Monthly Archives: March 2012

Lessons in Civility: Being Smart and Polite with Smartphones

This morning on my walk, my friends and I talked about a problem that a lot of us are facing. You are sitting with your family, and all heads are down. Adults and children of every age are texting, tweeting, playing games, facebooking or are otherwise engaged with an electronic device instead of the people they are with.

“I hate it when my kids are checking their e-mails or texting with someone else when I finally get some time to be with them,” I said.

“I know how you feel,” Julie said. “It makes you feel non-existent.”

“I read an article that said kids aren’t learning how to interact with the other people,” Marci said. “Their social skills are non-existent.”

“I think that using your phone has become almost sub-conscious,” Robin said. “I have friends that when they go out to dinner, everyone has to put their phone in the center of the table. The first one who reaches for their phone has to pick up the check.”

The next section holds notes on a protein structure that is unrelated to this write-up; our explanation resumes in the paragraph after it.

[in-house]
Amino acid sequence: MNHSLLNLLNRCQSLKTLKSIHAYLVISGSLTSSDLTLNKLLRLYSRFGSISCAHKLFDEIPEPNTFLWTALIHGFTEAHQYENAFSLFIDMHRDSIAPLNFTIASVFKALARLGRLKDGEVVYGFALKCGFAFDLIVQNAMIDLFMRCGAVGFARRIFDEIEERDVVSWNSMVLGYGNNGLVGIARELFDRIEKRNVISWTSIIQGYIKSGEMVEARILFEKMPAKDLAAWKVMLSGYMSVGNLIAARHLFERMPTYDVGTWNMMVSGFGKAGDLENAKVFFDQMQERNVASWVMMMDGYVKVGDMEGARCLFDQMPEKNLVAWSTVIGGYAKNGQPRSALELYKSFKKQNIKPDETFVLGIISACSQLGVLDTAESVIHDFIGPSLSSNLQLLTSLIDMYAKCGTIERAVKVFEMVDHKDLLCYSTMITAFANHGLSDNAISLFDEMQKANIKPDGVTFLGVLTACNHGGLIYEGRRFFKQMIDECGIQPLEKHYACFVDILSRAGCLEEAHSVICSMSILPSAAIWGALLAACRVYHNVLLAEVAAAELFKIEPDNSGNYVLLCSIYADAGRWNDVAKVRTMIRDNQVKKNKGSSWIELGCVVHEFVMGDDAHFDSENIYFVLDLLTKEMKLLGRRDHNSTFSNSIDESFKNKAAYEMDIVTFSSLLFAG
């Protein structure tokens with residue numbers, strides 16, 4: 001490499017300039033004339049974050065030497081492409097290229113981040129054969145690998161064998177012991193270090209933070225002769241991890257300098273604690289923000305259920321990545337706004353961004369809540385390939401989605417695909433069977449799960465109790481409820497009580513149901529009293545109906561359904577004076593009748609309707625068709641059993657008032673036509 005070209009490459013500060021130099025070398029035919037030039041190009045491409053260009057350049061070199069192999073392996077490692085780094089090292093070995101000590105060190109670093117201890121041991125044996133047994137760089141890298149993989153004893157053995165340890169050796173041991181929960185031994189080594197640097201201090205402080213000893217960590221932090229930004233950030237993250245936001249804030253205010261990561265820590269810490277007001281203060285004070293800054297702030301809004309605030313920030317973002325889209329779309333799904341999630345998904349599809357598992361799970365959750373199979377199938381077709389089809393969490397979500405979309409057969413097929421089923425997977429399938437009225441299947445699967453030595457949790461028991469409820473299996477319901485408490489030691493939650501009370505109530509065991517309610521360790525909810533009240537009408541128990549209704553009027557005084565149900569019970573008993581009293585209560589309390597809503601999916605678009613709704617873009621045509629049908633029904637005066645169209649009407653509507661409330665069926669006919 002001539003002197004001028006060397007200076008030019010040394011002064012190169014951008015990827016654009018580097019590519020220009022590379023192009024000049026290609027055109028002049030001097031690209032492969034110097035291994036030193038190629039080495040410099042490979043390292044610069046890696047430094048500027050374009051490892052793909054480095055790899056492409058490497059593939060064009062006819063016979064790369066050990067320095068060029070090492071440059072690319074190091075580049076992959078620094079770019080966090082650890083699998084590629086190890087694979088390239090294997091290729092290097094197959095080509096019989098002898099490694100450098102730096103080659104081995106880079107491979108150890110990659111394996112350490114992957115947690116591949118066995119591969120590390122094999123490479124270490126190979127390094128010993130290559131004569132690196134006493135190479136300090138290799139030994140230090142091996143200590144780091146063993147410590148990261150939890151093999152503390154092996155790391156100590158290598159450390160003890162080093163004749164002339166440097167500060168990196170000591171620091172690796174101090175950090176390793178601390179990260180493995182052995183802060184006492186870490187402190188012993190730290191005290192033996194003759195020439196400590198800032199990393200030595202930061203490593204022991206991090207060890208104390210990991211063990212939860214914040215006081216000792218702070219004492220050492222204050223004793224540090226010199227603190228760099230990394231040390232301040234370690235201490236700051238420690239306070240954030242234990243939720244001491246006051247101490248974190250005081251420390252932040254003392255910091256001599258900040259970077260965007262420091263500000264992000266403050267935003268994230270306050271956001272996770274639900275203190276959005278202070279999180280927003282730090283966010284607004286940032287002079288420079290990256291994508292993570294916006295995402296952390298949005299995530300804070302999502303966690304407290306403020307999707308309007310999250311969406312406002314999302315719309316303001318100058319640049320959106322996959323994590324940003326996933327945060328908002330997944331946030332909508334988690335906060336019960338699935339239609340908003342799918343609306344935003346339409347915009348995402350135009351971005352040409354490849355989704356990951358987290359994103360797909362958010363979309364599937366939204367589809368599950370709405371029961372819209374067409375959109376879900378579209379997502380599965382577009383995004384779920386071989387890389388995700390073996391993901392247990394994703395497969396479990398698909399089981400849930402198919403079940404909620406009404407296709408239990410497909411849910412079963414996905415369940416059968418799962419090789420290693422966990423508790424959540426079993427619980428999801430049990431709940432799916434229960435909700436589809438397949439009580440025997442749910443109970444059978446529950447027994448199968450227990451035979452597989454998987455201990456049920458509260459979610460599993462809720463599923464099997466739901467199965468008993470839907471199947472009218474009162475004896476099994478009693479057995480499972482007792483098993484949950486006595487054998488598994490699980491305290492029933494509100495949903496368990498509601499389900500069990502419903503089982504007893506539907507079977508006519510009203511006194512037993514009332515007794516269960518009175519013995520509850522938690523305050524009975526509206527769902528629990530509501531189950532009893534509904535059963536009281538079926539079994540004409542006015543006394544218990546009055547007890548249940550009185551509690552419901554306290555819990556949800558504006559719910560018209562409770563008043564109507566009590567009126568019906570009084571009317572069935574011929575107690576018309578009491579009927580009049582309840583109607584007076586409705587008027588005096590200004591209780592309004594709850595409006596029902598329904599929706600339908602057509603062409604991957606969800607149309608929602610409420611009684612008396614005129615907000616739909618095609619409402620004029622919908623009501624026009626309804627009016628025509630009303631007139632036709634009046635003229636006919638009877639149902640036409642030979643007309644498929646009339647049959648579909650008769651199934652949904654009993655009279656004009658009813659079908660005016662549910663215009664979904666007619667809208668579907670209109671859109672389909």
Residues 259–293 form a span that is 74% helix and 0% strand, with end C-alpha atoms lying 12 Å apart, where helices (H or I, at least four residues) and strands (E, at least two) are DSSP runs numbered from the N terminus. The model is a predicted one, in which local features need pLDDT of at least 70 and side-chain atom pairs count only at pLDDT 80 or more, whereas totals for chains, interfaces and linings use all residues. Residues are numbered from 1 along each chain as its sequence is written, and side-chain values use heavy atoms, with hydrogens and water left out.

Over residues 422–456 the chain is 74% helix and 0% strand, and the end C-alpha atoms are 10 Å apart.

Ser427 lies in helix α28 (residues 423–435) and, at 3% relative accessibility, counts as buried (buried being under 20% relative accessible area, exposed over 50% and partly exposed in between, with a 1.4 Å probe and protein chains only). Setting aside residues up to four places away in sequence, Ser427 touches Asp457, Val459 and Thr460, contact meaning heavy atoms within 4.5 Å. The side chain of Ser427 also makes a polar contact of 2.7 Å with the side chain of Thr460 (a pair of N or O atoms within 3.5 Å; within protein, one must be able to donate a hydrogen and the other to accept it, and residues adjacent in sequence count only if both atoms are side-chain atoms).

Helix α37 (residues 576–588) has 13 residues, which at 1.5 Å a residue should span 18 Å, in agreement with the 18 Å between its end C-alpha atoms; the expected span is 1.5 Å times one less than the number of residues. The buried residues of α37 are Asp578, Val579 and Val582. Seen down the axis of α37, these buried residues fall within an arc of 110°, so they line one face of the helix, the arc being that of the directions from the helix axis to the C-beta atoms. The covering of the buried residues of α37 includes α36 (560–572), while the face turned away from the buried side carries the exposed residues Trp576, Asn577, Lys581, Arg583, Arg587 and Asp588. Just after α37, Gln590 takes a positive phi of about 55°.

We all laughed at that.

“We got a really funny Christmas card this year,” I put in. “It was a picture of our cousin’s family sitting around the dinner table. Everyone was on a phone. The message was: texting you season’s greetings,” I said.

We all laughed again.

“We were just with our niece and nephew who have a seventeen-month-old. The baby had an iPad and could use it,” Marci said.

I shook my head. “That’s amazing. Toddlers have to be a lot smarter than we think. I mean, you have to have some reading skills—at least be able to recognize symbols—to be able to do that.”

“But is it healthy?” Julie asked. “I mean, there’s radiation coming from all this stuff.”

“And it’s an addiction. People spend hours playing games and talking and texting,” Robin said.

“Maybe that’s why productivity is down in the United States. It’s a Communist plot. Maybe all these years there have been sleeper cells planning the demise of America, and one of them invented these devices and the Internet,” I said.

My walking buddies all looked at me as if I were crazy. “It’s the writer in her,” Julie said. “Let’s forgive her.”

We continued on our walk and with the conversation.

“Pretty soon people won’t communicate with each other at all,” Marci said.